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But after Phil "EE" Visu, one of the league's commentators, took a week-long break to instead partake in a Super Smash Bros. event, Asfahani gave DirK a shot on commentary. He'd be paired with Scott Cole, a veteran sports announcer who had worked for the NBA in traditional basketball and in esports in games like Madden and others.

"What we got from then was DirK's infectious enthusiasm, which you don't really get during a halftime desk," Asfahani said. "Then you got it because you saw him all the time 'cause you saw how excited he got. Phil, who obviously was still on the desk, Phil flourished as a host. We saw the lovable, friendly side of Phil. Yeah, it was serendipitous but ultimately worked out well and just proves that as a producer, you don't always know what's best with your talent."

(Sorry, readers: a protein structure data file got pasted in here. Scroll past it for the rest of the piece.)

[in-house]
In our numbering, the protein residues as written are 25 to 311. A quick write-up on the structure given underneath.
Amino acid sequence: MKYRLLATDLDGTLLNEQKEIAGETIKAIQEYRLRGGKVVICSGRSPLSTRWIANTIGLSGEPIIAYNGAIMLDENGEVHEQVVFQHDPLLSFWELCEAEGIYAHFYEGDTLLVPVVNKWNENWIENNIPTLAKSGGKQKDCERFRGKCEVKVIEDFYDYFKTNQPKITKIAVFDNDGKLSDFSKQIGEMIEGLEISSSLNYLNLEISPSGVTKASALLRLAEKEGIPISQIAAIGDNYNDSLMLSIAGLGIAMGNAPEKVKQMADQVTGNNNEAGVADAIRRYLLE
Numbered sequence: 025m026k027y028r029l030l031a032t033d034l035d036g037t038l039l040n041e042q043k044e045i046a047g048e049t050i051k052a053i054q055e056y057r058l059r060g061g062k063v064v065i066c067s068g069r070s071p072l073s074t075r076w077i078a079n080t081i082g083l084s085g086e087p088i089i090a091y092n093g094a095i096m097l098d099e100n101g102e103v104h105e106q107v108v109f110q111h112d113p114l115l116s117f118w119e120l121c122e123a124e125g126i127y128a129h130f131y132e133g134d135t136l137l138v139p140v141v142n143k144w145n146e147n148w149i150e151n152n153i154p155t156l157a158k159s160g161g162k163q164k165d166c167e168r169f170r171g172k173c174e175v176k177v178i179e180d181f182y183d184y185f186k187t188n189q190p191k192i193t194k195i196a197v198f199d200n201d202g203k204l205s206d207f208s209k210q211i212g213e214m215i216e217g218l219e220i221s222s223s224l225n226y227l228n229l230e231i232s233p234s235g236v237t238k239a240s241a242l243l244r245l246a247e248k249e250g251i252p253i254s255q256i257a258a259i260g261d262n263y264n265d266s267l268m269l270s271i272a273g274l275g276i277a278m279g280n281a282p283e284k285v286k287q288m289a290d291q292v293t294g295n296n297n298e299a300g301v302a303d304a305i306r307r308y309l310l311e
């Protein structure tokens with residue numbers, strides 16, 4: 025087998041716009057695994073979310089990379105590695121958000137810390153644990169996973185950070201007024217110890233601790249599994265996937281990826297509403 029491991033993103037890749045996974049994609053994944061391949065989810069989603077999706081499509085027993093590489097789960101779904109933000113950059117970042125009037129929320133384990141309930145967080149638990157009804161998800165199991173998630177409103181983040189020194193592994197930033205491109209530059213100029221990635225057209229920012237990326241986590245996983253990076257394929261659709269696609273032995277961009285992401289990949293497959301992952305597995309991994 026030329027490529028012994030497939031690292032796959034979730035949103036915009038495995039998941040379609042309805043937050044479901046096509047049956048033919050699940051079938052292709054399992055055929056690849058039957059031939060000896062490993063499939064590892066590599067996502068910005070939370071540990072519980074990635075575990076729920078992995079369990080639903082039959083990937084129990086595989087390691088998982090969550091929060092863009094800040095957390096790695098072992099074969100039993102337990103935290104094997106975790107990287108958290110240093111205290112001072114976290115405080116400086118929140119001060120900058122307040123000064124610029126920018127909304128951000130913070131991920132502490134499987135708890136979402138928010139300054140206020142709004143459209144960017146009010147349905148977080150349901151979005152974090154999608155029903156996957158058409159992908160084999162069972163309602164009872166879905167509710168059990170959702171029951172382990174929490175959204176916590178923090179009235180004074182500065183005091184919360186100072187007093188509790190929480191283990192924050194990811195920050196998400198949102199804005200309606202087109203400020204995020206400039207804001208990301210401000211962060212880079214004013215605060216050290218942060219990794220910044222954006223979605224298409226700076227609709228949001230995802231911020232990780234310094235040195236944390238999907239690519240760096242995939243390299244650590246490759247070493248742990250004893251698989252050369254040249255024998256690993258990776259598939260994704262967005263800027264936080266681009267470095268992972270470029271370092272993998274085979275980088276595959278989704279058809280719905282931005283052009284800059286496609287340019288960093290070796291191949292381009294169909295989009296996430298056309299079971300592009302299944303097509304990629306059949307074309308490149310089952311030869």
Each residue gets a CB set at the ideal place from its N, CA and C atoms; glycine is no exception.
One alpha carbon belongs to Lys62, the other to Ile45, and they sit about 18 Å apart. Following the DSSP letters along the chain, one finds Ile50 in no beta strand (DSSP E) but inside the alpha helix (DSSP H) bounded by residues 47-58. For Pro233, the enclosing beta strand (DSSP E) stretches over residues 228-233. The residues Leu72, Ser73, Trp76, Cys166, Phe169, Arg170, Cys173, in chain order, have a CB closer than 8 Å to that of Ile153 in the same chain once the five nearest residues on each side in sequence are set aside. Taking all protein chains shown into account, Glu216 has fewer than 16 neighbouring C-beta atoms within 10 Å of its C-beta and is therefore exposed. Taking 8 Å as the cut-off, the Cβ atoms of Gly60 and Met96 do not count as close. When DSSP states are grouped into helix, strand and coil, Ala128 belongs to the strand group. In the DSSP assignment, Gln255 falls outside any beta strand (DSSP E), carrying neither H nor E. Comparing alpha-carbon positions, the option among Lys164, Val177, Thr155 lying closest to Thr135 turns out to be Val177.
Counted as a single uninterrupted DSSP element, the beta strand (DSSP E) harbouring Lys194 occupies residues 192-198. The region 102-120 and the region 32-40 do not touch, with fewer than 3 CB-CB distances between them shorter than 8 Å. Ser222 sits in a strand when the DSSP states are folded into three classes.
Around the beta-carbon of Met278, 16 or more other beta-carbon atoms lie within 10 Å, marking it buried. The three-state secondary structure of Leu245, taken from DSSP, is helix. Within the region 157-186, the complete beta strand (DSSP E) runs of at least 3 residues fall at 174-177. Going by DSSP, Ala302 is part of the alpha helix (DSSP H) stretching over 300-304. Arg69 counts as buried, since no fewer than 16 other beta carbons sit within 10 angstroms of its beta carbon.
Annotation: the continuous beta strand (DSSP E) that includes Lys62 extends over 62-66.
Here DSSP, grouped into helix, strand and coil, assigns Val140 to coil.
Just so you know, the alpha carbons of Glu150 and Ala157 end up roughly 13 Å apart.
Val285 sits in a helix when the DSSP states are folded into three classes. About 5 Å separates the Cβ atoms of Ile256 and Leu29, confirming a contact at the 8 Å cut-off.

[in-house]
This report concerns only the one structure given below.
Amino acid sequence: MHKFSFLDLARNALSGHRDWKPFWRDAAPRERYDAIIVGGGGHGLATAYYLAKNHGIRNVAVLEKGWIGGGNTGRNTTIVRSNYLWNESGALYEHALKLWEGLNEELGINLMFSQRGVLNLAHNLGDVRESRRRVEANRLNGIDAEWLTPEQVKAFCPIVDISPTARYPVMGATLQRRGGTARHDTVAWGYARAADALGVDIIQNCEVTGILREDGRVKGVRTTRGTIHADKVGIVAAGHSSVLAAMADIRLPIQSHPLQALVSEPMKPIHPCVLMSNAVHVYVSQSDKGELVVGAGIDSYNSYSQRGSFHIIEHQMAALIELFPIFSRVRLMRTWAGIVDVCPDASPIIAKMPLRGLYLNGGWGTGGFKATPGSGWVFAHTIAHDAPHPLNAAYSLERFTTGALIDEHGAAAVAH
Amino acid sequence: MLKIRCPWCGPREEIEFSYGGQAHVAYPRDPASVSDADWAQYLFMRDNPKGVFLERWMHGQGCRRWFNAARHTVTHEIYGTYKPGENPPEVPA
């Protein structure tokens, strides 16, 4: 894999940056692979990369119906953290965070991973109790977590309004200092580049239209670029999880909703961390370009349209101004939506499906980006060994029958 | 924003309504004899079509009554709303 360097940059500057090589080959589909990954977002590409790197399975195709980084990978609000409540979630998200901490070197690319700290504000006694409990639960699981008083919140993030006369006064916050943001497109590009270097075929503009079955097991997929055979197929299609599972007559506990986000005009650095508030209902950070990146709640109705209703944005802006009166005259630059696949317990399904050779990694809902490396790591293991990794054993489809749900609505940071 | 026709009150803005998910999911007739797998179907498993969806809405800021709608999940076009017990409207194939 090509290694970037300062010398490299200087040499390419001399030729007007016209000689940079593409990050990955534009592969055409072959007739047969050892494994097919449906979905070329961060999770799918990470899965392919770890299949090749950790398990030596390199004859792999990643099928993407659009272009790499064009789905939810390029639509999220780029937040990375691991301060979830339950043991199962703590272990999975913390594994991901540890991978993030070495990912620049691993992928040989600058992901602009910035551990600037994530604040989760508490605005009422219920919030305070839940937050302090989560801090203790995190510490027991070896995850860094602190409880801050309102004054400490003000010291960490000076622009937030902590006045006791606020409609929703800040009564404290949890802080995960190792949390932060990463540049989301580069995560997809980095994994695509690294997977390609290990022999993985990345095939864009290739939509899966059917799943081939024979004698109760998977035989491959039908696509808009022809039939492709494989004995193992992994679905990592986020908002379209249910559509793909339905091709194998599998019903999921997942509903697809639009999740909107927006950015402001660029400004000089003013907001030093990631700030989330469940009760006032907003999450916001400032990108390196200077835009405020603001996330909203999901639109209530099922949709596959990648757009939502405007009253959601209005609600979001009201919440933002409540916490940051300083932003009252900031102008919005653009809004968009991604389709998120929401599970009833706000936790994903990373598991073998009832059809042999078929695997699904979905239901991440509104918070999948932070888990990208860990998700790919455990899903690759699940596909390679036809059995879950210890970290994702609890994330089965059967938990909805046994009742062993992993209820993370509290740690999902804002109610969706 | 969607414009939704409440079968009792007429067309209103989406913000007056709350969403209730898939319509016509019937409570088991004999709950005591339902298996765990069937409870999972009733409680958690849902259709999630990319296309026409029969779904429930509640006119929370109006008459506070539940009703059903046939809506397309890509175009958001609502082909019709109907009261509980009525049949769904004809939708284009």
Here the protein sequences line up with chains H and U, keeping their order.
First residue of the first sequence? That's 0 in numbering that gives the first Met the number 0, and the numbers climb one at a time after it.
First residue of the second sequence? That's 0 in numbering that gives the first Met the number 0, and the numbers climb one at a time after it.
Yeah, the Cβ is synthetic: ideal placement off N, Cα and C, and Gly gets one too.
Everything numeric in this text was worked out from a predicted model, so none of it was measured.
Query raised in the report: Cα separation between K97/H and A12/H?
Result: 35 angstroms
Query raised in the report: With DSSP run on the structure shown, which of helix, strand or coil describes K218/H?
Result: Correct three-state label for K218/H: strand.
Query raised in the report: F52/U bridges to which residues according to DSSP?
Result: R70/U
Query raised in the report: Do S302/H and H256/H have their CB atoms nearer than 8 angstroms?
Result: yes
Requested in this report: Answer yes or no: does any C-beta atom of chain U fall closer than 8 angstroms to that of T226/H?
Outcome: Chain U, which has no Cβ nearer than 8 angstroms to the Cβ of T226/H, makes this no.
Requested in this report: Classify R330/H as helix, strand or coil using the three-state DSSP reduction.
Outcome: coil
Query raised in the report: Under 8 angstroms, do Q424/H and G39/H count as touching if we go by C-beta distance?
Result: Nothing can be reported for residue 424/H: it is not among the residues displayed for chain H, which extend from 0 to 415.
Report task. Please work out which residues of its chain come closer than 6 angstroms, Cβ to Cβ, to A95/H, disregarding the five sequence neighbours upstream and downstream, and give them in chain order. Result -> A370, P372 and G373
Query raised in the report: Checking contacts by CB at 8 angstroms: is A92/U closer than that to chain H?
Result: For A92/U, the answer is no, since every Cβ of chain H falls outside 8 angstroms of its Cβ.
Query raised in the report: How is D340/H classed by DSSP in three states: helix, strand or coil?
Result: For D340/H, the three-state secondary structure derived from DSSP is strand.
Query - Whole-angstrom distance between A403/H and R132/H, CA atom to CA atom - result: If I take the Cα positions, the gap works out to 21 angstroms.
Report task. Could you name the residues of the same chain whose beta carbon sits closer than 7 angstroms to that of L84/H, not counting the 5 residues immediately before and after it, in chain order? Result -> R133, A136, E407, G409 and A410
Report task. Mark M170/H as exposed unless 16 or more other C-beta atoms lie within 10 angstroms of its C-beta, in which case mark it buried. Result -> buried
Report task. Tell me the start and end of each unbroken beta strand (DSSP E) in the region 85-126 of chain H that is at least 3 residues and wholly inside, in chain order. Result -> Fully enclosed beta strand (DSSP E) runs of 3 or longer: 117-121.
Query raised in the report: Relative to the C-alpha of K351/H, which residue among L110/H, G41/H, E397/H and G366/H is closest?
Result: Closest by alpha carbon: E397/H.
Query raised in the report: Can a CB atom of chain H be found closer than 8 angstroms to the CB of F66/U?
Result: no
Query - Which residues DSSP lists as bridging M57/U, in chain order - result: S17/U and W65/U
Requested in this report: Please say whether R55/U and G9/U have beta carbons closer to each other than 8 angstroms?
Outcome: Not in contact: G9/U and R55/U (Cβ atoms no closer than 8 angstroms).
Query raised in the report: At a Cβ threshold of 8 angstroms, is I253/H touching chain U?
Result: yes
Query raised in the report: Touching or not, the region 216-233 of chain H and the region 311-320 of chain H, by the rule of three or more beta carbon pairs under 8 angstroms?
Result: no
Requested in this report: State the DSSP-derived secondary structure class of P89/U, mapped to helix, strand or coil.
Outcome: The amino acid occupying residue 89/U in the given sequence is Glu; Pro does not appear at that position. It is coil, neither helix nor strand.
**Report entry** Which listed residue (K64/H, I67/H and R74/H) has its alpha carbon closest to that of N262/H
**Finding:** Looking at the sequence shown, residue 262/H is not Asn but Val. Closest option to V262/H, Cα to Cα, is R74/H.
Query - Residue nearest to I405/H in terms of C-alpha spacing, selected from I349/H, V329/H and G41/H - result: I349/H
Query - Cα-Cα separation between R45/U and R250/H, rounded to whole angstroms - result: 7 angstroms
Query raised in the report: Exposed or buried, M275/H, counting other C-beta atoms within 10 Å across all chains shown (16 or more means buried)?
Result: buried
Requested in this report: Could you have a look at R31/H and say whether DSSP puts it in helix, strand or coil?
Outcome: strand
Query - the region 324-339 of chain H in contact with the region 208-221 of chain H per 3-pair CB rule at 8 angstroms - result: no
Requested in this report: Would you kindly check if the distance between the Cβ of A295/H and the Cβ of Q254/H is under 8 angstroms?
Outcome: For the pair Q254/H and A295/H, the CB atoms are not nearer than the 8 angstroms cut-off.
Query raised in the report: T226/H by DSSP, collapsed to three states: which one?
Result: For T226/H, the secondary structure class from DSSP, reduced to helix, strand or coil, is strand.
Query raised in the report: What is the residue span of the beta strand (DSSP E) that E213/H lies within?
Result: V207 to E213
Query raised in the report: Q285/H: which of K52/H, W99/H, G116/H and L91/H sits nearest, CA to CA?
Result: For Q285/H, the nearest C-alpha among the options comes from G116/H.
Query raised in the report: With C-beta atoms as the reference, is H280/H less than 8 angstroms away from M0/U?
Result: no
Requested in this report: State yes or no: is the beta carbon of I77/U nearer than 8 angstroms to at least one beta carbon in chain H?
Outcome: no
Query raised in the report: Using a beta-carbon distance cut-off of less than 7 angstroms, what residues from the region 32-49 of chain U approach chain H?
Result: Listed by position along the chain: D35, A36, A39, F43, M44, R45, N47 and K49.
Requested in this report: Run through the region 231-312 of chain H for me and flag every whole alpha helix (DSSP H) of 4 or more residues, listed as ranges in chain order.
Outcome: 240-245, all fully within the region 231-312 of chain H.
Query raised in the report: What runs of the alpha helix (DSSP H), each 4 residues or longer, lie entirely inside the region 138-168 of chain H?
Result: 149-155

It wasn't long till that infectious enthusiasm spread off the screen. DirK was a hit in the 2K community, a game analyst who knew both traditional and virtual basketball and could counter Cole's veteran play-by-play with in-depth analysis on game mechanics. DirK fit right in with the players too, seeing them as peers and spending time with them frequently in New York.

When he sent that email in mid-November, DirK feared the response not just of the 2K League executives but the community. In the past two seasons of the league, he had become synonymous with the broadcast. Moving on, he felt, would earn him some backlash.

But Donohue remained supportive of DirK's aspirations, as did Cole, and while professional players expressed concern about the future of the broadcast talent, most championed DirK. DirK started bringing his PlayStation 4 with him on trips from Chicago O'Hare International Airport to New York. He played NBA 2K in his off-time at his hotel.

"I just wanted to get onto the stage and even just load up playing bots," DirK said. "The warmup games they had where they were just testing it out, where the AI's are just playing each other and they're not even doing anything, I was like, 'Just let me plug in a controller and let me shoot around or something.' That's what I wanted to do."